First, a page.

When the iPhone 3GS was initially released, Apple did not have enough time to fix the 0x24000 Segment Overflow in the S5L8920. However, in order to flash an exploited LLB and jailbreak the iPhone 3GS, one of the following needed to be done:
- Find a new iBoot exploit every time a new firmware is out.
- Find a way to bypass the ECID checks.
- Use a bootrom exploit that allows unsigned code execution via USB.
Newer devices (iPhone 3GS with new bootrom, iPod touch (3rd generation), and subsequent devices) are no longer vulnerable to the 0x24000 Segment Overflow exploit. Many of them are susceptible to geohot's bootrom exploit (originally found in limera1n), which allows unsigned code execution over USB. Even newer devices, starting with the iPad 2, have no bootrom exploits to run unsigned code at all.
Apple added a new tag to the IMG3 File Format called ECID. The ECID is unique to each phone, and its signature is being checked. With this method, Apple attempts to block downgrades once newer firmware becomes available, unless you have a dump of your old firmware's unique IMG3 or signed certificate. Therefore, iBoot exploits won't be so useful for tethered jailbreaks, because such exploits will be closed in new firmwares.  Archived 2009-06-26 at the Wayback Machine.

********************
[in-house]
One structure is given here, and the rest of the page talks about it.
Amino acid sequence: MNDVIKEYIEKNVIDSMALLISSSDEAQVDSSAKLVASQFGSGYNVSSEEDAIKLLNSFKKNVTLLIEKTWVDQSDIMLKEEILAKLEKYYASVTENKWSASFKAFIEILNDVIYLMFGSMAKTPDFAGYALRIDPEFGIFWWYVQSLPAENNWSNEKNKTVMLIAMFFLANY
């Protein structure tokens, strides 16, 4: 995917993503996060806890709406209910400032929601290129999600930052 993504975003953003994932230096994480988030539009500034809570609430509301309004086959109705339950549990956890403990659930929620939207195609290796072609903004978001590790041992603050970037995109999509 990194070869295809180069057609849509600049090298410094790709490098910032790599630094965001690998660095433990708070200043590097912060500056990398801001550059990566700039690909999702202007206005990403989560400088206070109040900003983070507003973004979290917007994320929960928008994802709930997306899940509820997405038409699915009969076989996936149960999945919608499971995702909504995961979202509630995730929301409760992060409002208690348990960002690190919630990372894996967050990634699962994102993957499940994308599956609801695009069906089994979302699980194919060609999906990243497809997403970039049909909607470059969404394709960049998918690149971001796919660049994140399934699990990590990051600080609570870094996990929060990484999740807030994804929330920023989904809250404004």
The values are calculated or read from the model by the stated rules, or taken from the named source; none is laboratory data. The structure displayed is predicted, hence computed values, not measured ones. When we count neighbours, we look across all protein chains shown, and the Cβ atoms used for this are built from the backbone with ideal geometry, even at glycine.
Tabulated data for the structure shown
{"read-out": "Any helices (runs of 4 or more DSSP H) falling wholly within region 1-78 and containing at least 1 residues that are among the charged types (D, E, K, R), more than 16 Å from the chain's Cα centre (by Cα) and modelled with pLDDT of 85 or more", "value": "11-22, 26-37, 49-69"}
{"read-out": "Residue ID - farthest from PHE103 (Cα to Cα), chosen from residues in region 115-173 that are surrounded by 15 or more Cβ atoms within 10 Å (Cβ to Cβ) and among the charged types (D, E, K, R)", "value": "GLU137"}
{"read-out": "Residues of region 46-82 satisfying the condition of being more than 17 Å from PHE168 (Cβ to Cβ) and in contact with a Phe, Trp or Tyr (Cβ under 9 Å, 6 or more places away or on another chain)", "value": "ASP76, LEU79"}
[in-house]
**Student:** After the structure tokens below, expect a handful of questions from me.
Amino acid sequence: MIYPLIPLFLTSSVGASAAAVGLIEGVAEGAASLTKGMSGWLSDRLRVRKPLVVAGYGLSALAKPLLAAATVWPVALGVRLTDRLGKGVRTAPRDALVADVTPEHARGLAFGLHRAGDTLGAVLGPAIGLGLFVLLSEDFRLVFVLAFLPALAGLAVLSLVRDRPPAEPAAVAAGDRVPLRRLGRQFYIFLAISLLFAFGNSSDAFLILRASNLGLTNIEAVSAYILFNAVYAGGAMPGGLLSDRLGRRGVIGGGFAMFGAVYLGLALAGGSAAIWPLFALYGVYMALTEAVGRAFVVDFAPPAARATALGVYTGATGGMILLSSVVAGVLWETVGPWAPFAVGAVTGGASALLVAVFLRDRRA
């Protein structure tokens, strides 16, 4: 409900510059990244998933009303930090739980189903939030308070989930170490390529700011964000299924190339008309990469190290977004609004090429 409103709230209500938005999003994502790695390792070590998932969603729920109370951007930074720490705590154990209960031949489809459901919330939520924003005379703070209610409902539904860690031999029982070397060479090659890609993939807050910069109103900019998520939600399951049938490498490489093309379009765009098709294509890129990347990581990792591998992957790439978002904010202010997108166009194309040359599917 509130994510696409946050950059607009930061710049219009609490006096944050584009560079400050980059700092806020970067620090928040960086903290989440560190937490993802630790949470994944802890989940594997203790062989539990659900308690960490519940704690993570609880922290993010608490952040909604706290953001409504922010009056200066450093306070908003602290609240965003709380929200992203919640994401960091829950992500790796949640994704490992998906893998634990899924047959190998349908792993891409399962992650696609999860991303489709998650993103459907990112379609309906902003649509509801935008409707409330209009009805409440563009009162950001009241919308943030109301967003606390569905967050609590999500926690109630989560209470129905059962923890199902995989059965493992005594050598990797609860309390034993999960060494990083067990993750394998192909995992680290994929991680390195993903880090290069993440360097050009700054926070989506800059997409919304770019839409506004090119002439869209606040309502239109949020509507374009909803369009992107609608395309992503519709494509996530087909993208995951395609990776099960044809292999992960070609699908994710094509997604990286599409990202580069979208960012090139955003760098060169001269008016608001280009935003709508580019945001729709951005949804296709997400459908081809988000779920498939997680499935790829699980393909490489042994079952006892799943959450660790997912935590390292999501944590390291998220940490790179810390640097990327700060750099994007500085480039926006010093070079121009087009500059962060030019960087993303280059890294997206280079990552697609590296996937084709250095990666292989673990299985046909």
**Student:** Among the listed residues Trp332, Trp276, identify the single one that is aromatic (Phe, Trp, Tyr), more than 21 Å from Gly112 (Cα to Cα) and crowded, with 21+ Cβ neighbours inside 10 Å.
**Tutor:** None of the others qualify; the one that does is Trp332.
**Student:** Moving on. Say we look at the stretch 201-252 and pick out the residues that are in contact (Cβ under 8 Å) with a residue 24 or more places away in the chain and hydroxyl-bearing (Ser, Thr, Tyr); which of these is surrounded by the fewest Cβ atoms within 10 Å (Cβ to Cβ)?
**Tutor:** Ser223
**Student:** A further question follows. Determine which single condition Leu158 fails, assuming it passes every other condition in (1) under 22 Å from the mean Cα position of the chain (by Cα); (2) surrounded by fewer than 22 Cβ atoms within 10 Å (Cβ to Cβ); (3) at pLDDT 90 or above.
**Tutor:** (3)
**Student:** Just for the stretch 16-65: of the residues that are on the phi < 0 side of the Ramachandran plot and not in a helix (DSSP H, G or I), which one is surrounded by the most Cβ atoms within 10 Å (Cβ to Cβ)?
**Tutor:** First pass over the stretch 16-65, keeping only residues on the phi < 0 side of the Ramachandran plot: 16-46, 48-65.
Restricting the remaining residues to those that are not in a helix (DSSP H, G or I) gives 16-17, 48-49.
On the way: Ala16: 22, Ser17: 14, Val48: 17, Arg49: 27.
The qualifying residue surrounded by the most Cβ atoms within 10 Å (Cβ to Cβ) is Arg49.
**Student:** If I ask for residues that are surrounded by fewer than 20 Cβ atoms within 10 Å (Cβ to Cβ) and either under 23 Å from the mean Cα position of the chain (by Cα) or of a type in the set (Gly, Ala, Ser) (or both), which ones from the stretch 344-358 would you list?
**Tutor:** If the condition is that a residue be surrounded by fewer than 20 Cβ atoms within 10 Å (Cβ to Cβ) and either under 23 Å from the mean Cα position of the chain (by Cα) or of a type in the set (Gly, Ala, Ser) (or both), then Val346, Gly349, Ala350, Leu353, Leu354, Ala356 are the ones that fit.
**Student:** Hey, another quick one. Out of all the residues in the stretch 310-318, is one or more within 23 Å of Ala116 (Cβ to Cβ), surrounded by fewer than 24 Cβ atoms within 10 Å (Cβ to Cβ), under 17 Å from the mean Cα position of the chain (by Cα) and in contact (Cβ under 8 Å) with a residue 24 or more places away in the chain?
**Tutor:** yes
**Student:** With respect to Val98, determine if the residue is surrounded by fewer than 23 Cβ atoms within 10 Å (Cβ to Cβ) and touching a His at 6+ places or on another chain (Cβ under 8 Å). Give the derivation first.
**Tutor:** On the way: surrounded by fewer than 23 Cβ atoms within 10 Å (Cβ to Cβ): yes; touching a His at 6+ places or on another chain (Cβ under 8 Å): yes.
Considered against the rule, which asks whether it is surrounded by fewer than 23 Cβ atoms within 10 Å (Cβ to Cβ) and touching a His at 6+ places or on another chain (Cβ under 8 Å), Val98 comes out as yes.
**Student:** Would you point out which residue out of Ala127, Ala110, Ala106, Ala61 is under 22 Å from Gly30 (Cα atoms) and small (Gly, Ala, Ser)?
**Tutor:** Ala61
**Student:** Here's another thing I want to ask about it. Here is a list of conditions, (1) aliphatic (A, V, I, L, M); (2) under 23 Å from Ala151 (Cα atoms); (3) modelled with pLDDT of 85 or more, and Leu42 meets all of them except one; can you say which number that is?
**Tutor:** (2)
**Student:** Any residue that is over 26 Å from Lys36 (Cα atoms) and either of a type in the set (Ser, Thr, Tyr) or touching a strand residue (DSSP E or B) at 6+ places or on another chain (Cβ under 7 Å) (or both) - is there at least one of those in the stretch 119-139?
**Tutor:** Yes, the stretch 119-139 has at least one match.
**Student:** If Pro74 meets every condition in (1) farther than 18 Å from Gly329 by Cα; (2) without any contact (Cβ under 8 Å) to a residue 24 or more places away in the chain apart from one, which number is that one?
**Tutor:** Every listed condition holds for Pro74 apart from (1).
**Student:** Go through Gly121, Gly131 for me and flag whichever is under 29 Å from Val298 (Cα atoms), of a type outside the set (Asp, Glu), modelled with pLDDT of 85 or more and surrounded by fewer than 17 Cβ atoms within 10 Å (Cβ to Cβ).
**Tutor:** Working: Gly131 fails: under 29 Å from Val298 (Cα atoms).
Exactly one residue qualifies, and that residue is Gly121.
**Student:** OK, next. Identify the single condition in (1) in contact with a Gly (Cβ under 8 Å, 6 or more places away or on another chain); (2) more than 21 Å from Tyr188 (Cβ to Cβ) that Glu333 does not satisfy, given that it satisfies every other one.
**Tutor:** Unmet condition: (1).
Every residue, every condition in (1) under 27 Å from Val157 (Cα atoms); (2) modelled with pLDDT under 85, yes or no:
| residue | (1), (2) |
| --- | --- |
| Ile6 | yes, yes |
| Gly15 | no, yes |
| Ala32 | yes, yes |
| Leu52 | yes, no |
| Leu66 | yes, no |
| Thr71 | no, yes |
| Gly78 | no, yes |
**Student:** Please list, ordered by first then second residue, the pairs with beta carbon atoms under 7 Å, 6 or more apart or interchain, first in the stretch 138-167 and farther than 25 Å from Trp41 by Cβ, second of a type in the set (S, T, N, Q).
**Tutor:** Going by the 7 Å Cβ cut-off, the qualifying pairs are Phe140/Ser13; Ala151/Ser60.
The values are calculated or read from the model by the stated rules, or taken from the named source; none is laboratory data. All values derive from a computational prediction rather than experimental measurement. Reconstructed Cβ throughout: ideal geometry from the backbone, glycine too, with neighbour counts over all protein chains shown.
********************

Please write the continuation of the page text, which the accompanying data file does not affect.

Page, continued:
The issue with this is that, even with the 0x24000 Segment Overflow still in bootrom, an iBoot exploit was still needed to actually flash the exploited LLB. Apple uses this ECID stuff to block downgrading iBoot to a vulnerable version. It was resolved when Geohot released his limera1n tool, which used a bootrom exploit to upload an unsigned iBoot. Still the problem remains with newer devices with the 0x24000 Segment Overflow fixed - tampering with firmware makes such jailbreak tethered unless some other exploit is used.
There are methods to help keep your downgrading ability, though.
- If it receives your ECID, saurik's servers will actively cache the necessary files. Instructions to use the servers are available.
- The SHSH associated with an ECID can be also saved by running TinyUmbrella. TinyUmbrella allows the user to restore to whatever version is associated with that SHSH file permanently. This is based on the aforementioned service Saurik provides remotely from his server(s).